House to Consider Making R&E Tax Credit Permanent

May 19, 2015

pic-tax-wordOn Wednesday, May 20, the House is expected to vote on the American Research and Competitiveness Act of 2015 (H.R. 880) introduced by Reps. Kevin Brady (R-Texas) and John Larson (D-Conn.) that will improve and make permanent the Research and Experimentation (R&E) tax credit, retroactive to Dec. 31, 2014, when the credit expired. The R&E tax credit is designed to create an incentive for businesses to invest in research.

The R&E credit is one of the “tax extenders,” a set of federal tax provisions that expired on Dec. 31, 2014, but have routinely been extended, expired and renewed in the past. Since it was introduced in 1981, the credit has been extended 16 times and has been allowed to expire nine times. When it has expired, the credit has almost always been retroactively reinstated to provide continued benefits to taxpayers.

H.R. 880 would also strengthen the credit by increasing the easier-to-use alternative simplified credit from 14 percent to 20 percent. In order to make it easier for small businesses to take advantage of the credit, H.R. 880 allows eligible companies to use R&E credits to offset both their regular tax and any alternative minimum tax (AMT) liability. For start-up businesses, the bill increases from six percent to 10 percent the credit for those companies that do not have research expenses in the past three years that generally are needed to calculate eligibility for the full credit.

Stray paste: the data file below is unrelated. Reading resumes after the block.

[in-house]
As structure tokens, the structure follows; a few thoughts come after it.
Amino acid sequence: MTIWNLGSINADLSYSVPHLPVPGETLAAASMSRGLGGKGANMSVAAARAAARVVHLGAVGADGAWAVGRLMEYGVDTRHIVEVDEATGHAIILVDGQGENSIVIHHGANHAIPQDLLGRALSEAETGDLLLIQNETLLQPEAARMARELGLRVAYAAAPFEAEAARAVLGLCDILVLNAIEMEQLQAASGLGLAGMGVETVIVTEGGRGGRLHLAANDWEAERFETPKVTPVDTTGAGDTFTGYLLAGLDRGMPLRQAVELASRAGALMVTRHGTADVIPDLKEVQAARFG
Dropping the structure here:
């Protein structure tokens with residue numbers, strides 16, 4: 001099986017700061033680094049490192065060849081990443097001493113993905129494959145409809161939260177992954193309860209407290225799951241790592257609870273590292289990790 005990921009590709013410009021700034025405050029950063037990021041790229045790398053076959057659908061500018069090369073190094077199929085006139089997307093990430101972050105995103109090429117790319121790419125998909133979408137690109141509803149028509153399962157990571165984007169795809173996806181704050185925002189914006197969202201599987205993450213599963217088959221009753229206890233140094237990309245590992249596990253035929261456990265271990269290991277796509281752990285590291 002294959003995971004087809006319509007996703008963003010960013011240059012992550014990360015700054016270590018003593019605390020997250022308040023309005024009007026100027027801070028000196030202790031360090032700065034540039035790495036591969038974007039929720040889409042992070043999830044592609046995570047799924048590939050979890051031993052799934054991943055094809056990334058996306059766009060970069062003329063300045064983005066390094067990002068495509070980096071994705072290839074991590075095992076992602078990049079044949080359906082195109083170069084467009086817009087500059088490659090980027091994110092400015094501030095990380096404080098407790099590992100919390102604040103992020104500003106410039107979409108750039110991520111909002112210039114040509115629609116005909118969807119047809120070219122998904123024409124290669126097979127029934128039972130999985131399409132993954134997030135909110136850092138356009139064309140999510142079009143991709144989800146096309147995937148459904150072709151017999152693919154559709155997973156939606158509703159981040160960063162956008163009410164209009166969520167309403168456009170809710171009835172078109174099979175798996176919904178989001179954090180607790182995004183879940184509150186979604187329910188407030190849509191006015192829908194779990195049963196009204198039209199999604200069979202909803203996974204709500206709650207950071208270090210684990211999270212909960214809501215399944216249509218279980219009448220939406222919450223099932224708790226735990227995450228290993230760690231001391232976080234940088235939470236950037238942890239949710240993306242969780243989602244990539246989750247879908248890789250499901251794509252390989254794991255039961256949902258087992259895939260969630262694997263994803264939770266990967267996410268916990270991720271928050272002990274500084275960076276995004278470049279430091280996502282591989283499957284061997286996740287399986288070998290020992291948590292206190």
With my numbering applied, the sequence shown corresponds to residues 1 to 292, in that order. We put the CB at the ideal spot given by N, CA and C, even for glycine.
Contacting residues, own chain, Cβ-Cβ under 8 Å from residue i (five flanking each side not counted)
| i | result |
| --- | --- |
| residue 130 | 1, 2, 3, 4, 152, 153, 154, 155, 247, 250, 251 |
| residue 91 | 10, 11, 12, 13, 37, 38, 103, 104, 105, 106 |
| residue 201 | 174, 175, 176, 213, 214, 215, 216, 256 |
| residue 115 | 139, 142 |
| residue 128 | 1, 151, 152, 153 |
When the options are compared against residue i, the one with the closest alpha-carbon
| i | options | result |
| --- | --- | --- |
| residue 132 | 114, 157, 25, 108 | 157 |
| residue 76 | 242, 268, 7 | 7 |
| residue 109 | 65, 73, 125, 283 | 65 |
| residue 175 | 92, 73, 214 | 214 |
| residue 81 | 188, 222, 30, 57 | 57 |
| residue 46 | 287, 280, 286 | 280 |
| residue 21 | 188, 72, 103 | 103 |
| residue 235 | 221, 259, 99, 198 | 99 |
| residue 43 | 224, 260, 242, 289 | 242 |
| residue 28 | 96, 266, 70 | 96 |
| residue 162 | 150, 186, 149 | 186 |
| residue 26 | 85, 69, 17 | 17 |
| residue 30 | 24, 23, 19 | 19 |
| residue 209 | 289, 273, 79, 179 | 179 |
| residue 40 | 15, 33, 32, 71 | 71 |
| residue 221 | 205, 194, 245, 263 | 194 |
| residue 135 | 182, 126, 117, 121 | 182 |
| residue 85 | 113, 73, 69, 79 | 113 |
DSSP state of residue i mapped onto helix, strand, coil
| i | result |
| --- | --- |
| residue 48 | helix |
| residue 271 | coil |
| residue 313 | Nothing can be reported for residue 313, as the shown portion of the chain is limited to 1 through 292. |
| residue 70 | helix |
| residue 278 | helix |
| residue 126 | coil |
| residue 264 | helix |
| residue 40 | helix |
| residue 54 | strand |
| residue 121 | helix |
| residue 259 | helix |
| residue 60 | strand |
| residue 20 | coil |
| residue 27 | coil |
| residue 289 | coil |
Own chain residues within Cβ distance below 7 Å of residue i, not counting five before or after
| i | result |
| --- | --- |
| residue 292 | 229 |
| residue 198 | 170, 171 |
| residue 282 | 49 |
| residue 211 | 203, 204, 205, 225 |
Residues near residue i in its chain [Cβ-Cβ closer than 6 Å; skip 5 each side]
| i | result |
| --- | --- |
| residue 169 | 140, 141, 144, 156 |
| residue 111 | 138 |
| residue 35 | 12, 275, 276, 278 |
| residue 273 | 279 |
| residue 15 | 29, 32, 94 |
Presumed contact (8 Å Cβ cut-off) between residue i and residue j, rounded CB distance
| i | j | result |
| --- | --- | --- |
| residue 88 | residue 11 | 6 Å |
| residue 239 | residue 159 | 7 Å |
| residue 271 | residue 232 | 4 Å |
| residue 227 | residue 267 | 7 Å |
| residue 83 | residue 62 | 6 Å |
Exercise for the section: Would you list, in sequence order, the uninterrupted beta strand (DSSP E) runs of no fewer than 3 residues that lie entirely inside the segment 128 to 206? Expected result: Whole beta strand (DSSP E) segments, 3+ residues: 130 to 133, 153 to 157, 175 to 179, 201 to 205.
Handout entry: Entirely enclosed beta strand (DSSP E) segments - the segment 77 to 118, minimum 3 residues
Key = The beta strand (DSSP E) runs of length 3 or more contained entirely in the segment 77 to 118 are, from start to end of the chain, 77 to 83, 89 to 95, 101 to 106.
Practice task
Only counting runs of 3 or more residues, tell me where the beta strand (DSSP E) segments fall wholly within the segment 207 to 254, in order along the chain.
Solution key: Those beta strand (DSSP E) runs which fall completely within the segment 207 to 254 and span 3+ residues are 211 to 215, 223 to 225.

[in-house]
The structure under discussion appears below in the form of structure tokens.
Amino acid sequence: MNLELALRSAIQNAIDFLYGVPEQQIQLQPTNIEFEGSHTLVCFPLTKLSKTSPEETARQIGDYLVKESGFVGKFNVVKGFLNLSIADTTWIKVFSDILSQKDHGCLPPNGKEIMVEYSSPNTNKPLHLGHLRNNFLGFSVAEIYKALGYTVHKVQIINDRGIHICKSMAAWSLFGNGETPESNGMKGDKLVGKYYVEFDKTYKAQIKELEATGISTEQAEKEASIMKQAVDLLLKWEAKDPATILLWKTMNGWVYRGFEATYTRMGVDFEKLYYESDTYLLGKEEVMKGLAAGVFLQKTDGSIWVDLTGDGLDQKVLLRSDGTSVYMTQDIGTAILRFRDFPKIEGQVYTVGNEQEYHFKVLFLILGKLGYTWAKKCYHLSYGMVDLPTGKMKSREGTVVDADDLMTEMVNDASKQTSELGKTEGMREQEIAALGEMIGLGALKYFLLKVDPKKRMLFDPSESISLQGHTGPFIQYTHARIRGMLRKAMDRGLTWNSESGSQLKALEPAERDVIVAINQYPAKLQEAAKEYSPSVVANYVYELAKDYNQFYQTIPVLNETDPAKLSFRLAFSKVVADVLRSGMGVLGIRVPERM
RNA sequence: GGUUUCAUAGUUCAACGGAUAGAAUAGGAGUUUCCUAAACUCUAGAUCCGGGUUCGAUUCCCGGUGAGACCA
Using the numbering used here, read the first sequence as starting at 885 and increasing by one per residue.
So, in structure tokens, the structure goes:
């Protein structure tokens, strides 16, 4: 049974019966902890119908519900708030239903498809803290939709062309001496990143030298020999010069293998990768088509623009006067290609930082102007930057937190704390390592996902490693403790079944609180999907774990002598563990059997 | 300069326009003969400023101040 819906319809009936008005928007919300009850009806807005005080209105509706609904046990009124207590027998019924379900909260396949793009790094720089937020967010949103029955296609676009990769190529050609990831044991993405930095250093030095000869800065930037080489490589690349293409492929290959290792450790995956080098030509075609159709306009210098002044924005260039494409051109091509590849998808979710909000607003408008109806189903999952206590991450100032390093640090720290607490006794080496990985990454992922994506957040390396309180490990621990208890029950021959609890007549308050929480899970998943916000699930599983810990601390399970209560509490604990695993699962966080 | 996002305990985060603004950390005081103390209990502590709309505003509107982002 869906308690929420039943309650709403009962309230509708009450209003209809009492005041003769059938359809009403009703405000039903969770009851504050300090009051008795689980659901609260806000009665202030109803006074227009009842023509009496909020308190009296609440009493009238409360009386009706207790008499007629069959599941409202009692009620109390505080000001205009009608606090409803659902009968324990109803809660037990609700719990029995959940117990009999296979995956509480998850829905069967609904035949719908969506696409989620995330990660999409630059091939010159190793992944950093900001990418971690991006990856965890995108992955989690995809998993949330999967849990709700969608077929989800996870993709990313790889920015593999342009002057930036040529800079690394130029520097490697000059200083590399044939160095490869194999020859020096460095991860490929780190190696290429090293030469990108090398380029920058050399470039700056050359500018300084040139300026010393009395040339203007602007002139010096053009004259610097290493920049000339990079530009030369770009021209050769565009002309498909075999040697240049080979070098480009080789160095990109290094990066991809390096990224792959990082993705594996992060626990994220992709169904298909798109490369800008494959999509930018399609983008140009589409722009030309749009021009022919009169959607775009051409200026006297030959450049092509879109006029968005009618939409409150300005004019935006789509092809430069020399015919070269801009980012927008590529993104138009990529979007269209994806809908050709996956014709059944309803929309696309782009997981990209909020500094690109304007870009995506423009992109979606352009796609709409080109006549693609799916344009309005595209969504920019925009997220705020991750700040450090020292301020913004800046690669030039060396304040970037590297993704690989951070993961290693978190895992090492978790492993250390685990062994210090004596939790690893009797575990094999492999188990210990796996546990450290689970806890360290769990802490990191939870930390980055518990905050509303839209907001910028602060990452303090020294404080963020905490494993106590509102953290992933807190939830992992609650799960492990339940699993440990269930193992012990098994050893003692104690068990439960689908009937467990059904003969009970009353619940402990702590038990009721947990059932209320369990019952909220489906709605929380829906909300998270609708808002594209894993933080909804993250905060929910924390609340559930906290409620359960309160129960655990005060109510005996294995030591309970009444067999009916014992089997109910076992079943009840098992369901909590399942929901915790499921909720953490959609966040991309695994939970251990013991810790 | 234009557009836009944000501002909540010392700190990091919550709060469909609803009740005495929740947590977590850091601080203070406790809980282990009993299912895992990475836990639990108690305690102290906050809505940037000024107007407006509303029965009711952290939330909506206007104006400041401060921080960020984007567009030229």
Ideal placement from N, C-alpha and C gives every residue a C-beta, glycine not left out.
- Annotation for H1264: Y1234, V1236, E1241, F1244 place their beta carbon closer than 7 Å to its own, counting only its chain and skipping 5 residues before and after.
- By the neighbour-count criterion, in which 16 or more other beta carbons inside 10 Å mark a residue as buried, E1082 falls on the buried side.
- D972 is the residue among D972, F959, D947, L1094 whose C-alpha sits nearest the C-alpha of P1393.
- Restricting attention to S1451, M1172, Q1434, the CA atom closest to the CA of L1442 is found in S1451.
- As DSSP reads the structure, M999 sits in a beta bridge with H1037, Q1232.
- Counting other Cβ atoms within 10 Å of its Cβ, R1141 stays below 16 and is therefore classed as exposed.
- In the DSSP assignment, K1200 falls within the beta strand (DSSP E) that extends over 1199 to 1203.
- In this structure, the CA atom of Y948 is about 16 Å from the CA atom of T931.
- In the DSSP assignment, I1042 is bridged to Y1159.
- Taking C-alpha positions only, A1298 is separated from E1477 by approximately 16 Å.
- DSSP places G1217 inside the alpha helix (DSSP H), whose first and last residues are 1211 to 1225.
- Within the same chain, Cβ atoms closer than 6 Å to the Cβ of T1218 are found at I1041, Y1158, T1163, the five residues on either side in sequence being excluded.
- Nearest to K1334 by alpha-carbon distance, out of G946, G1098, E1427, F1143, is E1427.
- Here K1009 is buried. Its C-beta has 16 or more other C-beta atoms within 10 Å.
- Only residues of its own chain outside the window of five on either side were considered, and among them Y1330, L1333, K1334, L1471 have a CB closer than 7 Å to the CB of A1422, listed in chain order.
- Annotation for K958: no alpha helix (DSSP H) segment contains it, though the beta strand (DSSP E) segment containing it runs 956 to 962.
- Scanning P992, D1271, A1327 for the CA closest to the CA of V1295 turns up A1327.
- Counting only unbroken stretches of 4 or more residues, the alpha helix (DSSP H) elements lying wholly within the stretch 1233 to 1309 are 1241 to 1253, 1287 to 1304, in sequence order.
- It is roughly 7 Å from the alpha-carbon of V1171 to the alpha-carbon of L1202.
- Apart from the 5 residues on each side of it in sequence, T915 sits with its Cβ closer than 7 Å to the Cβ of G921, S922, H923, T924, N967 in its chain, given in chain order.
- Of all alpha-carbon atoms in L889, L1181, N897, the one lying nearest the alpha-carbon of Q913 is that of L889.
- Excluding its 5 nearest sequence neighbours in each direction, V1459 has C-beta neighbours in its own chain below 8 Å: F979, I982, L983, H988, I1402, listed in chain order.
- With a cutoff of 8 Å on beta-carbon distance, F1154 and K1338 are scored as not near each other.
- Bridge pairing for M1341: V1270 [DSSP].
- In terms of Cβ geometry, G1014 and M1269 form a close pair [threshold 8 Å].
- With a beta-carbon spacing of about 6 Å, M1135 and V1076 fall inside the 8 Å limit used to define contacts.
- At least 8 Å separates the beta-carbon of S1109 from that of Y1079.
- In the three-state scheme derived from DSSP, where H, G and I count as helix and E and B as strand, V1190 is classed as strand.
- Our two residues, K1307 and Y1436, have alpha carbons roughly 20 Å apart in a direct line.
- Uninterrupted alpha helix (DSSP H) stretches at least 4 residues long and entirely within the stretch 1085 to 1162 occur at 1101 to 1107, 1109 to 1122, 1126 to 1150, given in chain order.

In general, the R&E credit incentivizes research activities by reducing tax liabilities for companies that spend money on that research, which lowers the after-tax cost of those activities. The credit is equal to a certain percentage of a business’ qualified research expenses in excess of a base amount. The credit can be claimed either by corporations that pay taxes or by shareholders in S-corporations or other types of pass-through entities that place corporate income, losses, and credits onto their owners’ tax returns.

The full value of the credit can only be claimed by taxpayers with sufficient tax liabilities, however, because it is not refundable. Taxpayers can carry the credit back one year and forward for 20 years, so even if a taxpayer can’t apply the full benefit of the credit in the current tax year, some flexibility is available.

Over the years, many have urged Congress to make the credit more generous in order to prevent the U.S. from falling farther behind nations that offer heftier tax incentives for research. They also want lawmakers to make the credit simpler and easier for smaller companies to claim. Most of all, however, advocates—including NSBA—have called for making the R&E credit a permanent part of the tax code, rather than a temporary provision that must be renewed every few years. This impermanence has created uncertainty for companies—especially small businesses—trying to make long-term investment decisions.

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